Saturday, July 26, 2014

Gulf Islands Trip Pt.5 - Cheese Burgers in Paradise

The heat had been almost unbearable, so heading out of Ganges was welcome as the marine breeze would help keep us cool. Well that was the theory anyway. What little breeze that was out there soon diminished and we found ourselves on near flat calm water. Our plan was to head over to Galiano Island and check out Montague Harbour Marine Park.

Charlene on deck as we depart Ganges

This voyage was really the shortest passage of the trip. We were passed by the Mayne Island Ferry as we transited. I was curious if we could secure a mooring buoy for the evening. There was a bunch of American boats in the area. Vacations were now in full swing on both sides of the border, so I thought an early recon of the Marine park might yield a vacant buoy. 
We have tried in the past, unsuccessfully, to secure one of these coveted "tie ups" at a Marine Park closer to home for an evening. I was really hoping to avoid disappointment. 

As we approached the narrow entry into the channel that leads to Montague Bay, a couple of boats were making their exit. Charlene said "That looks encouraging." 
It wasn't long before Corleto had motored into the Bay proper. I got my binoc's and began to scan for empty buoys. 

"I think we are gonna be OK Charlene, I see at least 4." 
Another faster boat was about to overtake us, and with this first come first served rule, I was worried that faster vessels would beat Corleto to the punch. 
My fears were unfounded as we closed in on a row of about 3. I steered Corleto to one that was close to shore, but suddenly one appeared just ahead.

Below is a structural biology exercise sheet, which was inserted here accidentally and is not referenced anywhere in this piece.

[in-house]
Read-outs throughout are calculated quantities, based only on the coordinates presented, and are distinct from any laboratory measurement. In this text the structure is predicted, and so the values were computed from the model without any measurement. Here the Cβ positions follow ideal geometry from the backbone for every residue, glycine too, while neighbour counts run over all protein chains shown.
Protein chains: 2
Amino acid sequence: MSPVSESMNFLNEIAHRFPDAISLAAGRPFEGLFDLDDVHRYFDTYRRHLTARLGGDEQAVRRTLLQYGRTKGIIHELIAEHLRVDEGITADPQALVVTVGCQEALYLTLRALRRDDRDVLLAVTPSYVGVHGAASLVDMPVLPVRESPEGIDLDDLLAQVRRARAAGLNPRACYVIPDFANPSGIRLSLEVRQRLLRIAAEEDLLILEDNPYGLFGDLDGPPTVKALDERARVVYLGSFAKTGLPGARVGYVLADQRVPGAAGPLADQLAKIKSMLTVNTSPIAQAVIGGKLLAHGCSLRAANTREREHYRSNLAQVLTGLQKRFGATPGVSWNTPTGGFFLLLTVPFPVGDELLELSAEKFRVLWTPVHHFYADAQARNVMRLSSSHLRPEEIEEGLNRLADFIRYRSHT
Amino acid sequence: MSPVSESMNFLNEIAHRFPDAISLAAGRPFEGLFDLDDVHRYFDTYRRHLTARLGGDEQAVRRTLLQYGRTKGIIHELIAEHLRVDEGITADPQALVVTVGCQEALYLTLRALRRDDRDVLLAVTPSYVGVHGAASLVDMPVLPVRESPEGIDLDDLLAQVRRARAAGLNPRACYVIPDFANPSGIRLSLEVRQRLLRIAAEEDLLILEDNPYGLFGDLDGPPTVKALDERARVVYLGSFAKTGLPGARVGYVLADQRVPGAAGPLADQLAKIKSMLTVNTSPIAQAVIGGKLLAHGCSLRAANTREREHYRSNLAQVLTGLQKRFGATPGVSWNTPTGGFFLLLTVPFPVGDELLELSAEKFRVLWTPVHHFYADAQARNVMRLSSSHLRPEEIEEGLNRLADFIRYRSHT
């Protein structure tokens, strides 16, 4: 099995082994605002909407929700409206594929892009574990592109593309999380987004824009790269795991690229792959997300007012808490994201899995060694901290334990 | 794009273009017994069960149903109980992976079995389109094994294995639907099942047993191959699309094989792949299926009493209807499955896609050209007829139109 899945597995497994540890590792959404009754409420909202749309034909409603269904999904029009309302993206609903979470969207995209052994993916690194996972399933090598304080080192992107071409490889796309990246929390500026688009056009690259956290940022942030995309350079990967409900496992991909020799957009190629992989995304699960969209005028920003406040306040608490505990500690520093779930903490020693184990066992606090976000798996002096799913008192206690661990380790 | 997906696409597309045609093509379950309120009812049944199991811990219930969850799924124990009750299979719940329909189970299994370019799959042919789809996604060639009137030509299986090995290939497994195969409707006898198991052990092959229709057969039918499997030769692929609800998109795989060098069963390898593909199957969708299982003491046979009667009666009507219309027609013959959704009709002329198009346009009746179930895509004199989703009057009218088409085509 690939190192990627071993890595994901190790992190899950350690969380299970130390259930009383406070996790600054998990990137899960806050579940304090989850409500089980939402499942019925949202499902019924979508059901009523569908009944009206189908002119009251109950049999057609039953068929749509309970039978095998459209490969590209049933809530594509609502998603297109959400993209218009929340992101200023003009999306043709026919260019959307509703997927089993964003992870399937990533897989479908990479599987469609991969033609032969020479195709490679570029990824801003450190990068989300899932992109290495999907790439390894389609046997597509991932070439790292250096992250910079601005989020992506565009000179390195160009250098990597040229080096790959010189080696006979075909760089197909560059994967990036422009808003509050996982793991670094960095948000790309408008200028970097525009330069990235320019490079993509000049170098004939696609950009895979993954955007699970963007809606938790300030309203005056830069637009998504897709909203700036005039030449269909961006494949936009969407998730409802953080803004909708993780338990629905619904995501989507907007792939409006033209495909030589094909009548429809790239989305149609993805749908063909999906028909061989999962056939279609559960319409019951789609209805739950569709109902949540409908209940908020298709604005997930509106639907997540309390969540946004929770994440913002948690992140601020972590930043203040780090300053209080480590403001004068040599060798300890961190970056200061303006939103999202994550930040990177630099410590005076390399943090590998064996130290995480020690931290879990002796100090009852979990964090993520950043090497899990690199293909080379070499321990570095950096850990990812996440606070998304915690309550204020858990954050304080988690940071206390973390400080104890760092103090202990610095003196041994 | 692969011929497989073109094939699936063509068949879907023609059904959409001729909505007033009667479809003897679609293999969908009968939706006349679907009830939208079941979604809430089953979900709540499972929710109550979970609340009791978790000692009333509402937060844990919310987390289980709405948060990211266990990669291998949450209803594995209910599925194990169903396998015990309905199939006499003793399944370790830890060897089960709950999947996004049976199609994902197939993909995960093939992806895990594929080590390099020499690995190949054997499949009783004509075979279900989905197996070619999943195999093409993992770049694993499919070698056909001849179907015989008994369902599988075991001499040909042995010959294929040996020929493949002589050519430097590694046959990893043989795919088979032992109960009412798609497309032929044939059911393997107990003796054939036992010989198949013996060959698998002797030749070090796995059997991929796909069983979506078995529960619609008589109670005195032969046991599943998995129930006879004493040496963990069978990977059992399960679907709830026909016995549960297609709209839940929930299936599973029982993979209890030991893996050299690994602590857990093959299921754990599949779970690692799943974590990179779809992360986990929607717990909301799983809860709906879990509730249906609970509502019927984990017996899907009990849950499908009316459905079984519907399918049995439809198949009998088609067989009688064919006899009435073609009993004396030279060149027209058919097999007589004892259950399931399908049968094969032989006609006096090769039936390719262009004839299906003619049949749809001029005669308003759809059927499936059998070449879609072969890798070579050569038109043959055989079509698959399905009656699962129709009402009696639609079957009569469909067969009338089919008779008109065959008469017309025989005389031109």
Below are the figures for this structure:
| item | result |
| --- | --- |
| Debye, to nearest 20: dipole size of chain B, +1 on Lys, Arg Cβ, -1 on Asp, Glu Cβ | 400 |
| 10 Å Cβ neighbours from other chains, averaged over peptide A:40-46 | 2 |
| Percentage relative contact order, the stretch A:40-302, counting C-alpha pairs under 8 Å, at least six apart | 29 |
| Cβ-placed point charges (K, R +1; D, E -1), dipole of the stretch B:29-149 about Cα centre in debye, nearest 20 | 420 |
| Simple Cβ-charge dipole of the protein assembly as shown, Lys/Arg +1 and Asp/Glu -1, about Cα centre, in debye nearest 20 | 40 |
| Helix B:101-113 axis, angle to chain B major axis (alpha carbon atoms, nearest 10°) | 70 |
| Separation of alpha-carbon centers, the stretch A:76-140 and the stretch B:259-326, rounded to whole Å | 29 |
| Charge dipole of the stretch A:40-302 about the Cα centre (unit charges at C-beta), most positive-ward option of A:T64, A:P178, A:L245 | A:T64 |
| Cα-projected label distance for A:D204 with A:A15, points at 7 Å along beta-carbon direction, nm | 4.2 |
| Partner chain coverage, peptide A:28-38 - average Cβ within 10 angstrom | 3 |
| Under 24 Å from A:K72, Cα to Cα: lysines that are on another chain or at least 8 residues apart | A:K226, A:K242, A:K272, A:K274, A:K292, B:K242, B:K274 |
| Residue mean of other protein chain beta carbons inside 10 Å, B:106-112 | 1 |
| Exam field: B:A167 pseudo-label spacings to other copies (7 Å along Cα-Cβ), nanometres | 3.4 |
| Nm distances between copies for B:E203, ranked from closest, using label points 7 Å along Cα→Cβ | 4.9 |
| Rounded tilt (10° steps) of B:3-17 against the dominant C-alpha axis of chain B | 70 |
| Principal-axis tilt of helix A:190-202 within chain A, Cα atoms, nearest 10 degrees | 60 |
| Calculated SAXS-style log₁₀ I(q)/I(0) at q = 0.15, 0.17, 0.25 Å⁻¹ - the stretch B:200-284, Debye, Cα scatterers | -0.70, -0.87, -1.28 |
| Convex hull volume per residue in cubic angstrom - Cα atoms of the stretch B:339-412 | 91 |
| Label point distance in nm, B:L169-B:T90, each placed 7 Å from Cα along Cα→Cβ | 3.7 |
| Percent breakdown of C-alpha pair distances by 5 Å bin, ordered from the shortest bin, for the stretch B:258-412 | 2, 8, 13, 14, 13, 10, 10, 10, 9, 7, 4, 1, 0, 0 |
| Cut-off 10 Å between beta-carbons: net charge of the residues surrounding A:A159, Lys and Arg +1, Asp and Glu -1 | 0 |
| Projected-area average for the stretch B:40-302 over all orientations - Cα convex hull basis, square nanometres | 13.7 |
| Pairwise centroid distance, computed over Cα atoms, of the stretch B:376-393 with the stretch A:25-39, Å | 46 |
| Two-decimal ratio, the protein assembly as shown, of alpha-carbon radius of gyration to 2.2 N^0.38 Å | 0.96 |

I relayed to Charlene who was now with boat hook in hand up on the bow, that we would be trying for the closer one. 
I reduced throttle and maneuvered toward our target. 
Charlene reached out and hooked it on her first attempt. I put the engine in neutral and scampered ahead to help her secure the line. And Just like that we were tied up. Our first mooring buoy.

Corleto nicely tied up to a mooring buoy at Montague Harbour

The experience of tying up to a buoy and just relying on your boat systems was one we both had been looking forward to. We celebrated with a light snack and some relaxing on the deck under the shade of our makeshift cover. There was a slight breeze that kept us cooler than being in the sun. 
After a bit we got aboard our dingy to explore the park. It took us about 15 minutes to row to the dingy dock. Note to self for next time: Take a buoy closer to shore or get a small outboard. 
We explored around the tenting grounds and a bit of the shore line, but the heat of the day was just too much. So we headed back to Corleto for an afternoon snooze and some quiet time. 
After reboarding, I decided to perhaps go for a swim.

Thinking about jumping in
Again a new experience to jump off my boat into the water. I hesitated thinking what if I cannot get back aboard, why would I jump off a perfectly good boat? Because it's like 95˚ and I did this all the time when I was a kid. 
In I went with a rather big splash. 

The big SPLASH!

Damn that water was cold! It took my breath away. I swam right over to the dingy and grabbed a hold. Charlene said I had a smile that lit up the whole bay. I swam over to the swim ladder and climbed back aboard. That was fun. 

It's chilly!
We settled down and relaxed and watched the vessels come in an fill up the remaining buoys. It wasn't too long before a friendly couple who noticed our boat came over to introduce themselves and to invite us to next years Catalina Rendezvous. A short time later the park ranger came by to collect the park user fee. A bargain at $12. 

My Cheese Burger in Paradise- with extra cheese

As the sun began to fade, we fired up the BBQ and treated ourselves to two of the finest cheeseburgers we have ever made. We enjoyed a cold Corona and watched an amazing sunset. This place truly was a slice of heaven.

Thank you God.
Days like this are savoured. They are what vacations are meant to be, relaxing and restful to the soul. 
And one more- Heaven

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